World Water Day


On the 22nd of March 1993 The United Nations designated this day to annually highlight the importance of water and to advocate sustainable management of this vital resource and to overcome challenges in the 21st century.

There are a multitude of reasons as to why there is so much concern regarding the future supply of water.

Populations continue to explode at an alarming rate,  lakes and rivers are being polluted, wetlands are shrinking and deforestation plays a major role,  not forgetting the impact of  global warming.

Governments may have to consider ground water but sustainability is a problem and the issue of supplying  “the bottom billion”, those in slums and impoverished areas is of major concern.  Although water is a universal right, a recognition of real demand may in future be dominated by “He who is willing to pay”.

Daily mundane activities using water are barely thought of as being wasteful and people are generally very carefree in letting precious water run off.  Consider how little thought is involved in filling up a swimming pool which can lose up to 3000 litres of water per month due to evaporation or cracks.

The amount of bottled drinking water purchased annually is frightening. Asides from the aspect of plastic, the energy to produce one litre, can take up to 3 litres of water!

However, regarding house-hold appliances, research shows that contrary to belief, dishwashers can be more economical, depending on how hand washing is carried out.

Perhaps readers could be having concerns about washing machines. Well one virtually waterless model is now taking the appliance industry by storm in the UK which operates with one cup of water, a pinch of detergent and 1000 plastic chips which cleanse the laundry by absorbing the water and can be reused 100 times and be recycled.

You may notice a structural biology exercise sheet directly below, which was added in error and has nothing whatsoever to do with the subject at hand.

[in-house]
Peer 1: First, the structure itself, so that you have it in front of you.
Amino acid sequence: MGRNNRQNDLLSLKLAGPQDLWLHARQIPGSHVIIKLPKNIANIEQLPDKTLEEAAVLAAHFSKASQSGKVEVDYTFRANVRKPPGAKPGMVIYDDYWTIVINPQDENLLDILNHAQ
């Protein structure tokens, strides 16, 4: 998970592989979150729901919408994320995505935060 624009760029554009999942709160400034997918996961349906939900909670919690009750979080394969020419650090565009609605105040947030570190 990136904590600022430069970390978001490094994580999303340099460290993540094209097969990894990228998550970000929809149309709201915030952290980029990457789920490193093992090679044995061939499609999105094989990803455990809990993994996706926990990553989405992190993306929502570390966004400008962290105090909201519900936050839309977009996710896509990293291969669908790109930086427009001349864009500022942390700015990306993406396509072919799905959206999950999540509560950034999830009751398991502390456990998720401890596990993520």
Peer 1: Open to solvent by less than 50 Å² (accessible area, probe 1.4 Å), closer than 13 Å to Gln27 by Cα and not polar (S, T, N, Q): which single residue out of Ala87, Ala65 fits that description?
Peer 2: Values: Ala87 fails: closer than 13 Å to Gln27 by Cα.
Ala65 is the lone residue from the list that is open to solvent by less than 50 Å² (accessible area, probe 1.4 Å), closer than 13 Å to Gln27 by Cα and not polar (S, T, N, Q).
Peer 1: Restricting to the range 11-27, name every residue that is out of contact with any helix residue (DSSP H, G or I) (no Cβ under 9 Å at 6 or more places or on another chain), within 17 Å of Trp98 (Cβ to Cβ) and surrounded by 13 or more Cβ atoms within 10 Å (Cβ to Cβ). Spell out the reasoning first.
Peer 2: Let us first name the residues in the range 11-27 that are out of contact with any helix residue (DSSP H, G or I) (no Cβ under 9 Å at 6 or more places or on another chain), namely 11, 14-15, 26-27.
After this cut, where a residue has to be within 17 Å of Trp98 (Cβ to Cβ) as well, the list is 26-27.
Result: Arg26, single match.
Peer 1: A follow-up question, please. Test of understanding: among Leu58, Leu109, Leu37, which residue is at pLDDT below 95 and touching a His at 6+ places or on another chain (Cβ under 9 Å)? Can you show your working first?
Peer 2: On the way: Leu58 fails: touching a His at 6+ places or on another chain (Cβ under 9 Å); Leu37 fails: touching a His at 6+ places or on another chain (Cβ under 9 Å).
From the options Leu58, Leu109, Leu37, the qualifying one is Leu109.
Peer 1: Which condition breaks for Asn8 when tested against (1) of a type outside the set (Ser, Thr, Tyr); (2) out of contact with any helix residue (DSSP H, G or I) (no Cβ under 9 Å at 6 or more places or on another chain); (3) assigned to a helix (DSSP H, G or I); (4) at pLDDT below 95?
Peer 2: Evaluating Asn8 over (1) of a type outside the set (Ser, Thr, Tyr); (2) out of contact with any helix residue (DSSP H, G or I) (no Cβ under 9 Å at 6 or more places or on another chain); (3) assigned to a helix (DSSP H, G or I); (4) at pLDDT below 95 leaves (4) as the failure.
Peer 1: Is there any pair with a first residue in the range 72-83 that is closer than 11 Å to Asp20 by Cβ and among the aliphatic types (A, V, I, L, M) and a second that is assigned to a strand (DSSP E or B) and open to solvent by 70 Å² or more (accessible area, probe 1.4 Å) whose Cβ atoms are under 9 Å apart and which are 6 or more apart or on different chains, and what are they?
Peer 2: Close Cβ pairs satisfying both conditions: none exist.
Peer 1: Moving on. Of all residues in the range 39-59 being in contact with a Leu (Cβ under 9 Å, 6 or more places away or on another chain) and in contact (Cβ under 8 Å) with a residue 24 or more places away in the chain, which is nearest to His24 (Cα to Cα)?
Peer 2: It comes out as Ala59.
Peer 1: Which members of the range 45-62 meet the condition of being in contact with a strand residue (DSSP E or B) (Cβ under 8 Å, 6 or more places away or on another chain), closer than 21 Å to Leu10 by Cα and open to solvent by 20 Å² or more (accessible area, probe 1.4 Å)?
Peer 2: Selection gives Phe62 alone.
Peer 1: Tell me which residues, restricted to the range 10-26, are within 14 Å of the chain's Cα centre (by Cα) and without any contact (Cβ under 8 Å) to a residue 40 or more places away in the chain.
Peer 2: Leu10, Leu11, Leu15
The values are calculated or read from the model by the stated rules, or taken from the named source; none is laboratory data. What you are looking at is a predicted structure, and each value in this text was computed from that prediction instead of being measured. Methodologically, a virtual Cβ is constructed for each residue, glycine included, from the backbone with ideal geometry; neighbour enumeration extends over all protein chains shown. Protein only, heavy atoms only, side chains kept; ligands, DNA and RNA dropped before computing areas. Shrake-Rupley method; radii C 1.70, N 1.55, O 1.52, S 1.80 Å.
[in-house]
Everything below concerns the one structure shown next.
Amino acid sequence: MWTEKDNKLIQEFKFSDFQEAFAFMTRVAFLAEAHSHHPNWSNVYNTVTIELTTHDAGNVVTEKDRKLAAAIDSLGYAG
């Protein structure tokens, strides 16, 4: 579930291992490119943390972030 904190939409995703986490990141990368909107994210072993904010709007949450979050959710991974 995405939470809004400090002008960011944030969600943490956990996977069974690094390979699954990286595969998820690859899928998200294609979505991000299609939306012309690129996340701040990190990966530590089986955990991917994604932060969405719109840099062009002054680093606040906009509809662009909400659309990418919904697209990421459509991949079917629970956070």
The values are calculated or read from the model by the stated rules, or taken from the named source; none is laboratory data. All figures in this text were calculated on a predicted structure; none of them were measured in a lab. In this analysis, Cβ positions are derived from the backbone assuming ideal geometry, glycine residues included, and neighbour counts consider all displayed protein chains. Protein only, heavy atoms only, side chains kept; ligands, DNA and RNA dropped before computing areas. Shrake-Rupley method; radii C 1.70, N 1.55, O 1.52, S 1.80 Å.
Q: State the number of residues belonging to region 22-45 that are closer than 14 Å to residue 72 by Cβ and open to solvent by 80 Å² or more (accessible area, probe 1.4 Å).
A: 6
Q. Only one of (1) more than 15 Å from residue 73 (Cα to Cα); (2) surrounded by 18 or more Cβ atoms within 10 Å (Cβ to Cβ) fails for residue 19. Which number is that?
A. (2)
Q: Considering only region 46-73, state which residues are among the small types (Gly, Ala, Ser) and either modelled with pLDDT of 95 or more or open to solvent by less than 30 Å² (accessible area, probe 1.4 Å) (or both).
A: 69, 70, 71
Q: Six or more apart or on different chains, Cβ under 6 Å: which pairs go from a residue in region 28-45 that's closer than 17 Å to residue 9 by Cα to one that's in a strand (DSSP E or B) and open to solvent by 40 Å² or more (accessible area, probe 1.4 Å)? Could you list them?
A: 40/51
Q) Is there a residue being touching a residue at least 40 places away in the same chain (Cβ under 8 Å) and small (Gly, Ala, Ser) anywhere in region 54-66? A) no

Industry requires huge amounts of water to produce the products we take so for granted.

The agricultural sector uses masses of water as does the textile industry for dyeing of fabrics just to support the colours that will currently be fashionable according to designers in the trade.

But food production has to be one of the biggest culprits of all regarding water usage, not only for that consumed but the amount of food that is thrown out worldwide which equates to leaving hundreds of taps running.  The food thrown away in The USA and Europe alone could feed the world three times over. The statistics are frightening.

As for the cosmetic and toiletry industries, the thousands of products that we use annually purchase contain masses of water but there is an emerging trend to promote the conservation of water and look at new sources like the liquids in fruits. Less water will free up space for more botanicals, essential oils and potential plant saps.

In conclusion, this lackadaisical approach to the usage of water has to be a thing of the past. Responsible citizens must come to the fore, stress the need for reduction in waste and educate those less informed and make every attempt to reverse the current trends of unnecessary wastage.

MATSIMELA is in full support of this thinking & in its manufacturing process is water and environmentally savvy.


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The MatsiMela Home Spa range of products is constantly growing and developing with ethos of caring for yourself and the environment. MatsiMela Home Spa is premier body care range that was developed by Wayne and Olivia Nel in 2005.

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